Hunt ‘misrepresented’ data on 7-day NHS

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Reuters

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Health Secretary Jeremy Hunt has been embroiled in a row over the use of data on seven-day services

The health secretary “misrepresented” data to put his case for a seven-day NHS in England, says Jeremy Corbyn.

The Labour leader attacked Jeremy Hunt after the BBC revealed the health secretary used academically unverified and unpublished data to back his plans.

Last July, in the pay row with junior doctors, Mr Hunt said there were about 6,000 deaths a year because of the lack of “a proper seven-day service”.

Emails show one of the paper’s authors was unhappy with the figure being used.

But the Department of Health said later analysis estimated about 11,000 excess deaths due to the “weekend effect”.

A spokesman said the information had been shared with the department by the NHS’s medical director for England, Sir Bruce Keogh.

Labour is calling for an investigation into whether Mr Hunt leaned on his department in order to cover up his advance sight of the study.

Last July, Mr Hunt said: “Around 6,000 people lose their lives every year because we do not have a proper seven-day service in hospitals.”

This figure was then used regularly by the government in its argument for changes to doctors’ contracts.

The news prompted a heated clash in Prime Minister’s Questions on Wednesday.

Labour leader Jeremy Corbyn said the prime minister and health secretary owed the profession an apology.

“This dispute with junior doctors has been on the basis of misrepresented research.”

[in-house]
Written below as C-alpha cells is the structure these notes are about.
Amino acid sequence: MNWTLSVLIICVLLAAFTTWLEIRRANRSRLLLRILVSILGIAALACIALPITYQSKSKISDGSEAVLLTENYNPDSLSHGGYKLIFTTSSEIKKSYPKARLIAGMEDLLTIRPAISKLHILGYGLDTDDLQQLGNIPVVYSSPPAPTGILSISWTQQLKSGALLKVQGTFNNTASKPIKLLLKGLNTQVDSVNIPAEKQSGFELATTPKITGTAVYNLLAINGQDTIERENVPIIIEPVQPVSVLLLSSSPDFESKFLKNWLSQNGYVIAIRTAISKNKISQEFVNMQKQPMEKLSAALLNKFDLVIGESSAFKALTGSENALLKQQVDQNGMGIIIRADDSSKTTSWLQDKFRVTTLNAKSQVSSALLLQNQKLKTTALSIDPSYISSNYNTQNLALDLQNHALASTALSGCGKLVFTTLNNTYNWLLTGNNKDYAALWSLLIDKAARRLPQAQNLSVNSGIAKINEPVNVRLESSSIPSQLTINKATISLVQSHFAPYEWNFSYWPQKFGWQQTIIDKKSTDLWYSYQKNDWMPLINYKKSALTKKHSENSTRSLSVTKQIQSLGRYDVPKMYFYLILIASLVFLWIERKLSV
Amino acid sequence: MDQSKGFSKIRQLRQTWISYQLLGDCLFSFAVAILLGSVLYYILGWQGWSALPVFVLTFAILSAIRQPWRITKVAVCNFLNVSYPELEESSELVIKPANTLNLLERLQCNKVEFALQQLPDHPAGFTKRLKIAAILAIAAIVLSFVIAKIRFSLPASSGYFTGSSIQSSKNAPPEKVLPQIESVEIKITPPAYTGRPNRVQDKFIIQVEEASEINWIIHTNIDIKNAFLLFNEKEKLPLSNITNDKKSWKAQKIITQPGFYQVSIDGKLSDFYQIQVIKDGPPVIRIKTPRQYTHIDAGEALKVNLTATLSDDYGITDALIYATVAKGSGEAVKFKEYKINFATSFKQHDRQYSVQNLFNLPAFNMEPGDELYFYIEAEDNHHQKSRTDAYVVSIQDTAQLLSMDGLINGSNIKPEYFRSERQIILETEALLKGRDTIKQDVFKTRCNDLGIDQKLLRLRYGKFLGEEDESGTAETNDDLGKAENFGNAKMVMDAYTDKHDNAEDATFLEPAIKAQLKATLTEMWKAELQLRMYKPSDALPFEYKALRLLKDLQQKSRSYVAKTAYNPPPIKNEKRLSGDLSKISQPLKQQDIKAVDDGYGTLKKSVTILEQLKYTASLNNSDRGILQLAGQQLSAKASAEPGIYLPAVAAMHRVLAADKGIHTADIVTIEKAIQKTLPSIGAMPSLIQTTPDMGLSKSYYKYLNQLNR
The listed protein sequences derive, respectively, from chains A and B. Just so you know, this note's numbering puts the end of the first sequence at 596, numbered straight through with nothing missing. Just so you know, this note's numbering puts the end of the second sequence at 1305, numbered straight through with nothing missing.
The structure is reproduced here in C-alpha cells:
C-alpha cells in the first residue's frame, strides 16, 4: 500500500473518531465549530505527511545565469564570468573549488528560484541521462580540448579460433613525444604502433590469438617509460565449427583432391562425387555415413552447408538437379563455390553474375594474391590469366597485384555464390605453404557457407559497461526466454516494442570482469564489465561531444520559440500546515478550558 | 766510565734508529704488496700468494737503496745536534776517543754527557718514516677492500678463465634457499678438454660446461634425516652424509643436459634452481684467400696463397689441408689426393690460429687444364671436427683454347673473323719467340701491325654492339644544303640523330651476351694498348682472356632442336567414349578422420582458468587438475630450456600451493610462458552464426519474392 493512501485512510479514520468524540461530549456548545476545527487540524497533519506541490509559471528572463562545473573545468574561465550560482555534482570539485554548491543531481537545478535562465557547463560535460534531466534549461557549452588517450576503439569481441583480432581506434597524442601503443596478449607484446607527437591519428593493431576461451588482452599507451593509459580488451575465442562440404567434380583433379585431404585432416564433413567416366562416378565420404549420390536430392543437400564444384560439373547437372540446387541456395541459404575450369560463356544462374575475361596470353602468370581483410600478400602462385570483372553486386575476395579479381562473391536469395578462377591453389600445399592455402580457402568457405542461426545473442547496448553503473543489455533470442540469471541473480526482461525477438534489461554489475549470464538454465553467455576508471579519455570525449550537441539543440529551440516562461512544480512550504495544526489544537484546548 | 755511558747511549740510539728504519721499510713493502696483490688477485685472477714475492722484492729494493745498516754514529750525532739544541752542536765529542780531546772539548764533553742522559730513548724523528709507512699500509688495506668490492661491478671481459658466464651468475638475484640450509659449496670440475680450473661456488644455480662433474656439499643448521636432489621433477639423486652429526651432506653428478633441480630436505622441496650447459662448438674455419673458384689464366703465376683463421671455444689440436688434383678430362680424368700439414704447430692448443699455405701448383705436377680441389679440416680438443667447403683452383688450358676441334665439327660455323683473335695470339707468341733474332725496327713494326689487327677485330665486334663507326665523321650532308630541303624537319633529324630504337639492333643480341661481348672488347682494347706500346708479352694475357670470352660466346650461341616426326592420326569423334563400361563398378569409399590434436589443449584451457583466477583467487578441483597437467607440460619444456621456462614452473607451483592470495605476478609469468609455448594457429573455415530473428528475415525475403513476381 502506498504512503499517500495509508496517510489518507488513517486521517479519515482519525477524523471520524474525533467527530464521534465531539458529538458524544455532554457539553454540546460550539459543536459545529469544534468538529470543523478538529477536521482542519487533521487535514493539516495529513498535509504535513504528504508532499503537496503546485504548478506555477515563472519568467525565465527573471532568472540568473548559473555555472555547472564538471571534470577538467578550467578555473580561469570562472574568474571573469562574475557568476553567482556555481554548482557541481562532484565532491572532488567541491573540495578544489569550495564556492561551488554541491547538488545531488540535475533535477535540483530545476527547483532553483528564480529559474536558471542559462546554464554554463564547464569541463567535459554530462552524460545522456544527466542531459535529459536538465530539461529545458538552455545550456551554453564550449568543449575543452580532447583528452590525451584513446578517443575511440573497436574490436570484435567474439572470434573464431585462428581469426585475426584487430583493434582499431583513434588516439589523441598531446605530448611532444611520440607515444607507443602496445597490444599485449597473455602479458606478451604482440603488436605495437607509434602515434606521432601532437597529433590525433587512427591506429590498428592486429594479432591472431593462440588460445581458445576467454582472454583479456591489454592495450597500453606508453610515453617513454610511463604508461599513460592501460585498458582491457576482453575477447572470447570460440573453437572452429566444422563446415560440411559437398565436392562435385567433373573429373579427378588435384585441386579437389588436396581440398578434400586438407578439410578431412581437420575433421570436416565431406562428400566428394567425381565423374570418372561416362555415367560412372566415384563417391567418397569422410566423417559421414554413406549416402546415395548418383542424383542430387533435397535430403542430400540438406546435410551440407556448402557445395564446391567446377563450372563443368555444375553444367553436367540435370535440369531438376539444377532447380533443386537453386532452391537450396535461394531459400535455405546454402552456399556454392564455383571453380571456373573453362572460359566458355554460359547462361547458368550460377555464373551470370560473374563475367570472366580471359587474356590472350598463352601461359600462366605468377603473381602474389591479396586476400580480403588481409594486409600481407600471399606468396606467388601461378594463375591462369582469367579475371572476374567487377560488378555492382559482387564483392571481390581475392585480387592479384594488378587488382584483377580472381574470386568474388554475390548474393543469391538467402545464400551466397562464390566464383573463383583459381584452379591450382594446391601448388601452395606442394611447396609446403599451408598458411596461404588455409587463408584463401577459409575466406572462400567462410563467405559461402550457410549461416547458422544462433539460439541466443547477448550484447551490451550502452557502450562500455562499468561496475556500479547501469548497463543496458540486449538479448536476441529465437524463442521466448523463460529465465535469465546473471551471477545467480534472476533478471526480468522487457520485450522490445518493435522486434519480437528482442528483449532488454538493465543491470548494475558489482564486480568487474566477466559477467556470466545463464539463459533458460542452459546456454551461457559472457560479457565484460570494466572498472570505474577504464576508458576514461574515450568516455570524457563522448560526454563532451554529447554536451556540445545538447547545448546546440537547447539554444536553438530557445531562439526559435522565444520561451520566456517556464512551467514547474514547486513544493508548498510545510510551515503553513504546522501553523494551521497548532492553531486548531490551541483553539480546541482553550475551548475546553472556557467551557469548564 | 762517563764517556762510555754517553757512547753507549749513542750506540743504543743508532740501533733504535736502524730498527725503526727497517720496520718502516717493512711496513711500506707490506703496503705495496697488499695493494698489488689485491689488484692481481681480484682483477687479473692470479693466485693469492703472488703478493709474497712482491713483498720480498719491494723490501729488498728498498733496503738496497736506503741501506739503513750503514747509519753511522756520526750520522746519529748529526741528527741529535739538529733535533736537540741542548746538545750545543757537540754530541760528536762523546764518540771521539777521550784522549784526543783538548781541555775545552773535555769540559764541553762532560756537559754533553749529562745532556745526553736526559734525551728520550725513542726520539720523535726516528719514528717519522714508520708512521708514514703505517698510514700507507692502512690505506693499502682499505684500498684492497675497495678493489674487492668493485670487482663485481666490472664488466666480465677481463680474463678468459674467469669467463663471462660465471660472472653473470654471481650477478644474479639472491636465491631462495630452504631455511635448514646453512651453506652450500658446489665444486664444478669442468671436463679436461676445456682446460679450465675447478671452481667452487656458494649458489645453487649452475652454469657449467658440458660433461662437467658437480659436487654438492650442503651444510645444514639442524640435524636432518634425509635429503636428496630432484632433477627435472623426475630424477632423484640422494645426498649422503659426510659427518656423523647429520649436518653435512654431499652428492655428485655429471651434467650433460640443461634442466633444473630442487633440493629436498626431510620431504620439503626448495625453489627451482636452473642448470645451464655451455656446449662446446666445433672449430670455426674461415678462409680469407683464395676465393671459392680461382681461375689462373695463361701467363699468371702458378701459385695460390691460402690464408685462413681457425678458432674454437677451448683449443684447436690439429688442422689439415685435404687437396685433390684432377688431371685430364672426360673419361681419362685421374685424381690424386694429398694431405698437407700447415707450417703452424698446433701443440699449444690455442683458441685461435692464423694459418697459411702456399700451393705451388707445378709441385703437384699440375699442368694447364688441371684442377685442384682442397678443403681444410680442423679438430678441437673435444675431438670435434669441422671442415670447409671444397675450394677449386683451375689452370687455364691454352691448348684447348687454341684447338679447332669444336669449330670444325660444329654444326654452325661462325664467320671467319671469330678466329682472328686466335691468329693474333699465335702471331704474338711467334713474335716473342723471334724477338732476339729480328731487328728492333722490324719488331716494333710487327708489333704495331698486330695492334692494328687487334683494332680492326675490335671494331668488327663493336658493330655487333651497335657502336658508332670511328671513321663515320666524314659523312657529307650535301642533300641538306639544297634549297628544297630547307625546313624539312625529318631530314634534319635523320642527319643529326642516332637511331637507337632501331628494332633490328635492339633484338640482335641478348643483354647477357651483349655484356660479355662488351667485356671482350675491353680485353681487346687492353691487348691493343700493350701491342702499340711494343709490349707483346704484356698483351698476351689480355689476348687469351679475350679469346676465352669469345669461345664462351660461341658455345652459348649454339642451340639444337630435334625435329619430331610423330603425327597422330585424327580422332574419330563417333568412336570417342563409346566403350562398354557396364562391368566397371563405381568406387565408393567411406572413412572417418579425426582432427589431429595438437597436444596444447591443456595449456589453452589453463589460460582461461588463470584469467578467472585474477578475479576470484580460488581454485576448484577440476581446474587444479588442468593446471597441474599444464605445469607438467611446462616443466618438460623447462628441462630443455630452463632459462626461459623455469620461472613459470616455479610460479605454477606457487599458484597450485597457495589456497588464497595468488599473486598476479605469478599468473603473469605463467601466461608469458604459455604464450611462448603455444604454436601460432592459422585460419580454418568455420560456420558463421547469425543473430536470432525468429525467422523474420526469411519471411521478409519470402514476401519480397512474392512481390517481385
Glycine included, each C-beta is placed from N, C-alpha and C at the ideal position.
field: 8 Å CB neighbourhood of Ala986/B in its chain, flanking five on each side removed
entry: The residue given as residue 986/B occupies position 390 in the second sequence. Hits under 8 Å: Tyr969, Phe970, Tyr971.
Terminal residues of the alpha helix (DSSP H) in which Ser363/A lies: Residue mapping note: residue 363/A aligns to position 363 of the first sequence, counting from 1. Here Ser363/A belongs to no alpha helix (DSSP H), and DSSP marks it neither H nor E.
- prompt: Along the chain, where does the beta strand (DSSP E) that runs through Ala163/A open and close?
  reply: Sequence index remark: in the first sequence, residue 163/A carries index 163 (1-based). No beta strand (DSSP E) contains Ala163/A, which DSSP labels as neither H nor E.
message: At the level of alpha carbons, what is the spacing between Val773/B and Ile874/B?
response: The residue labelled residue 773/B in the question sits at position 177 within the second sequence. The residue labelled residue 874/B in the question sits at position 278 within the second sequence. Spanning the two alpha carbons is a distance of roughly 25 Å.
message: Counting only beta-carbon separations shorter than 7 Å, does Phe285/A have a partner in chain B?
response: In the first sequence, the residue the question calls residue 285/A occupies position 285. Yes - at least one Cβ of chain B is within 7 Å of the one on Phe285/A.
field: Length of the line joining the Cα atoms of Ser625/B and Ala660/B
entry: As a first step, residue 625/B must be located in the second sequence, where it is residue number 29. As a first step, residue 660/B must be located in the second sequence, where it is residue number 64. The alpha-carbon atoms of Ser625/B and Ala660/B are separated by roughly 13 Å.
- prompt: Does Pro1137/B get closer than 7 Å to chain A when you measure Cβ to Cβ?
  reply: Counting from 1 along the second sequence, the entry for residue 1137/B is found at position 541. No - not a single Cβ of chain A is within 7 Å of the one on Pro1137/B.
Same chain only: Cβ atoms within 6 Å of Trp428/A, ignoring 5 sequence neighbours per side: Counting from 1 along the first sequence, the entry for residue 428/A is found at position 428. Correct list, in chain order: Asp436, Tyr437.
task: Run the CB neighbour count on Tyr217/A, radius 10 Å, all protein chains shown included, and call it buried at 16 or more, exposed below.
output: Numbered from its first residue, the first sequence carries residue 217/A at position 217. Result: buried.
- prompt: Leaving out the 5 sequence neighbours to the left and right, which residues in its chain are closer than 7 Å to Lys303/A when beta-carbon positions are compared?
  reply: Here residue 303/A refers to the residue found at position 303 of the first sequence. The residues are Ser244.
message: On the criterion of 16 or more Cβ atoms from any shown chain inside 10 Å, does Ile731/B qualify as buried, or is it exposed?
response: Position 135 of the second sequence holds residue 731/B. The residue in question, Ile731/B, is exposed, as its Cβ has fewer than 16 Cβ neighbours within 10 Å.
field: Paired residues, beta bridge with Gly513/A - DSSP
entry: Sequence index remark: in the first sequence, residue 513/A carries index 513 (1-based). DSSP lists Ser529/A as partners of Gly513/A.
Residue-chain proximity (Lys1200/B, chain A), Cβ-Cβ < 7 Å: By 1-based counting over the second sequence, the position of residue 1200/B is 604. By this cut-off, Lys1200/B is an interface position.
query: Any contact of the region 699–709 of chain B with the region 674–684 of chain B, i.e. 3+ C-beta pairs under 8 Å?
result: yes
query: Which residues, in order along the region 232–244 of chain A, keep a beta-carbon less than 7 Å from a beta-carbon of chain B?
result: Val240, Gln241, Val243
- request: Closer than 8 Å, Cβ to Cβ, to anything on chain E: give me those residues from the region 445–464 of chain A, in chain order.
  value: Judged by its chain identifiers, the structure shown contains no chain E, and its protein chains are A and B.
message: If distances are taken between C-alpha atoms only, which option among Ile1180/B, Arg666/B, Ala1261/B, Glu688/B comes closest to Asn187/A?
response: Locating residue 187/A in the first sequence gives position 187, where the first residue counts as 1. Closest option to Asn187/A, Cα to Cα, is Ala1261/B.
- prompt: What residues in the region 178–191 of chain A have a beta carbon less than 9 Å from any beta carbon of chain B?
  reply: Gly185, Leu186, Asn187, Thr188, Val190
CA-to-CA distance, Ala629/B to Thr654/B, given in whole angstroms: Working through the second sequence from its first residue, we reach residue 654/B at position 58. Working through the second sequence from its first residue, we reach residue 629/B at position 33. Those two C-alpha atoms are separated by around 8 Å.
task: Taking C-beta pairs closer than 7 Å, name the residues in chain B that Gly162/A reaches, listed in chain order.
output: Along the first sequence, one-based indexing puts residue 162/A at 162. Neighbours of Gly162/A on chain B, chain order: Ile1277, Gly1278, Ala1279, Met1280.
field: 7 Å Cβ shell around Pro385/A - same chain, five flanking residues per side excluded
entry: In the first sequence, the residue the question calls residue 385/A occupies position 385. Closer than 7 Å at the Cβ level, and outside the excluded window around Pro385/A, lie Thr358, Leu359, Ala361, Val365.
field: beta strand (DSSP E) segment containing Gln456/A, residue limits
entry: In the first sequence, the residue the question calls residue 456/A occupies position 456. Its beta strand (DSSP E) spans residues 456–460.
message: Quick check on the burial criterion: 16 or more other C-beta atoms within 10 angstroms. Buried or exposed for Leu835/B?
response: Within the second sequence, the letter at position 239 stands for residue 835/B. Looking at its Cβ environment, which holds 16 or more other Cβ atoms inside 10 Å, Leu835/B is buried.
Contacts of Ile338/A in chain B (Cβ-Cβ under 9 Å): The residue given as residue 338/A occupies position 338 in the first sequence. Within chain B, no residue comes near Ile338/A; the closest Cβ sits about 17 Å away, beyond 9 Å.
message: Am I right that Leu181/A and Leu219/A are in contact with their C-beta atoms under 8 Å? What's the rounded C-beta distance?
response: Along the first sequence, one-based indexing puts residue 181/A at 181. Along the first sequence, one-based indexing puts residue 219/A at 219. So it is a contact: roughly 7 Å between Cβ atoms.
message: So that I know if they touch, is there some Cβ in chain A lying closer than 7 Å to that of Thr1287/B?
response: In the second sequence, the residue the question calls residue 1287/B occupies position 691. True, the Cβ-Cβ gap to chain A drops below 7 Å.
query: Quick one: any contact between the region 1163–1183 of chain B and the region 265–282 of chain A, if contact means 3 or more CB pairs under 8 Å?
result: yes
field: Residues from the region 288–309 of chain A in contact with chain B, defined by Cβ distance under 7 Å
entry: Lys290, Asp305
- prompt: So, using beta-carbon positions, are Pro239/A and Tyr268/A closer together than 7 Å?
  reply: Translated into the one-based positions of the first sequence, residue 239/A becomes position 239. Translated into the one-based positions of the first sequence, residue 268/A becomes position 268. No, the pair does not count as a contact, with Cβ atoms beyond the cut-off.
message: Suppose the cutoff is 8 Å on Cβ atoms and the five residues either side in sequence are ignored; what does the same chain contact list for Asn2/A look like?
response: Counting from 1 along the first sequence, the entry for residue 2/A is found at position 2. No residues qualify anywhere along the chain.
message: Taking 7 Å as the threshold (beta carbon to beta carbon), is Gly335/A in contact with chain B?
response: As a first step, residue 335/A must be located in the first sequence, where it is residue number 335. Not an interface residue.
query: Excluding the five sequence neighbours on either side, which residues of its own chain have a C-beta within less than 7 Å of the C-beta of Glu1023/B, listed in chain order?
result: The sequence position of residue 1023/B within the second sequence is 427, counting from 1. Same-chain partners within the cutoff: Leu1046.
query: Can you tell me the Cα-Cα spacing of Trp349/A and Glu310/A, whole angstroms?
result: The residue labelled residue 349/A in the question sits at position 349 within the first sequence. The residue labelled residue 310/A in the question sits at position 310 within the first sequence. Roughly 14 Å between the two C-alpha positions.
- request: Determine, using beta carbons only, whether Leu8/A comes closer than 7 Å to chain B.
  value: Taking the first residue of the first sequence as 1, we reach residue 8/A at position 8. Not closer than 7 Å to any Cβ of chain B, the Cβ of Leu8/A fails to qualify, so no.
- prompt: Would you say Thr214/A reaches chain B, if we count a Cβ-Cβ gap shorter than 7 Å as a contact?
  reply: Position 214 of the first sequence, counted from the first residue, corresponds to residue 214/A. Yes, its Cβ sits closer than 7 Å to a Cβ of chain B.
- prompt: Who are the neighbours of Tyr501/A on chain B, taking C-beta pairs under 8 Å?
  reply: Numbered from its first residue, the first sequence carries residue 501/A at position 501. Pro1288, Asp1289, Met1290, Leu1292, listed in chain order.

But David Cameron defended Mr Hunt, saying the contract was needed to introduce more seven-day services.

“I have to say – I think if Nye Bevan was here today, he’d want a seven-day NHS because he knew the NHS was for patients up and down our country,” he added.

But Mr Corbyn hit back: “Nye Bevan would be turning in his grave if he could hear your attitude towards the NHS.”

The BBC story revealed emails from NHS England showed Mr Hunt knew details of the sensitive study into weekend deaths at least two months before it was published in the British Medical Journal (BMJ), and based the 6,000 figure on his understanding of the data.

When the BBC asked NHS England and the Department of Health for the source of the 6,000 figure, neither was able to answer.

The UK Statistics Authority then wrote to NHS England, reminding the department that “data mentioned publicly by ministers should be available equally to all users”.

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An email released under the Freedom of Information Act, written by NHS England’s Seven Day Services Forum project manager Deborah Williams to one of the BMJ study authors, said: “We were challenged to cite the source of the 6,000 figure and attempted to offer up the most bland statement possible, that would neither confirm not contradict [Mr Hunt’s] statement.”

The study author, Domenico Pagano, refused to corroborate Mr Hunt’s use of the figures, saying: “It will be inaccurate and counterproductive to quote that our analysis is due to be published in the BMJ shortly, as this is not the case and may seem to interfere with the peer review process.”

When finally published in September 2015, the research actually suggested there were 11,000 excess deaths per year as a result of the “weekend effect” – although the authors pointed out this could not be proven to be linked to staffing levels.

‘Interests of patients’

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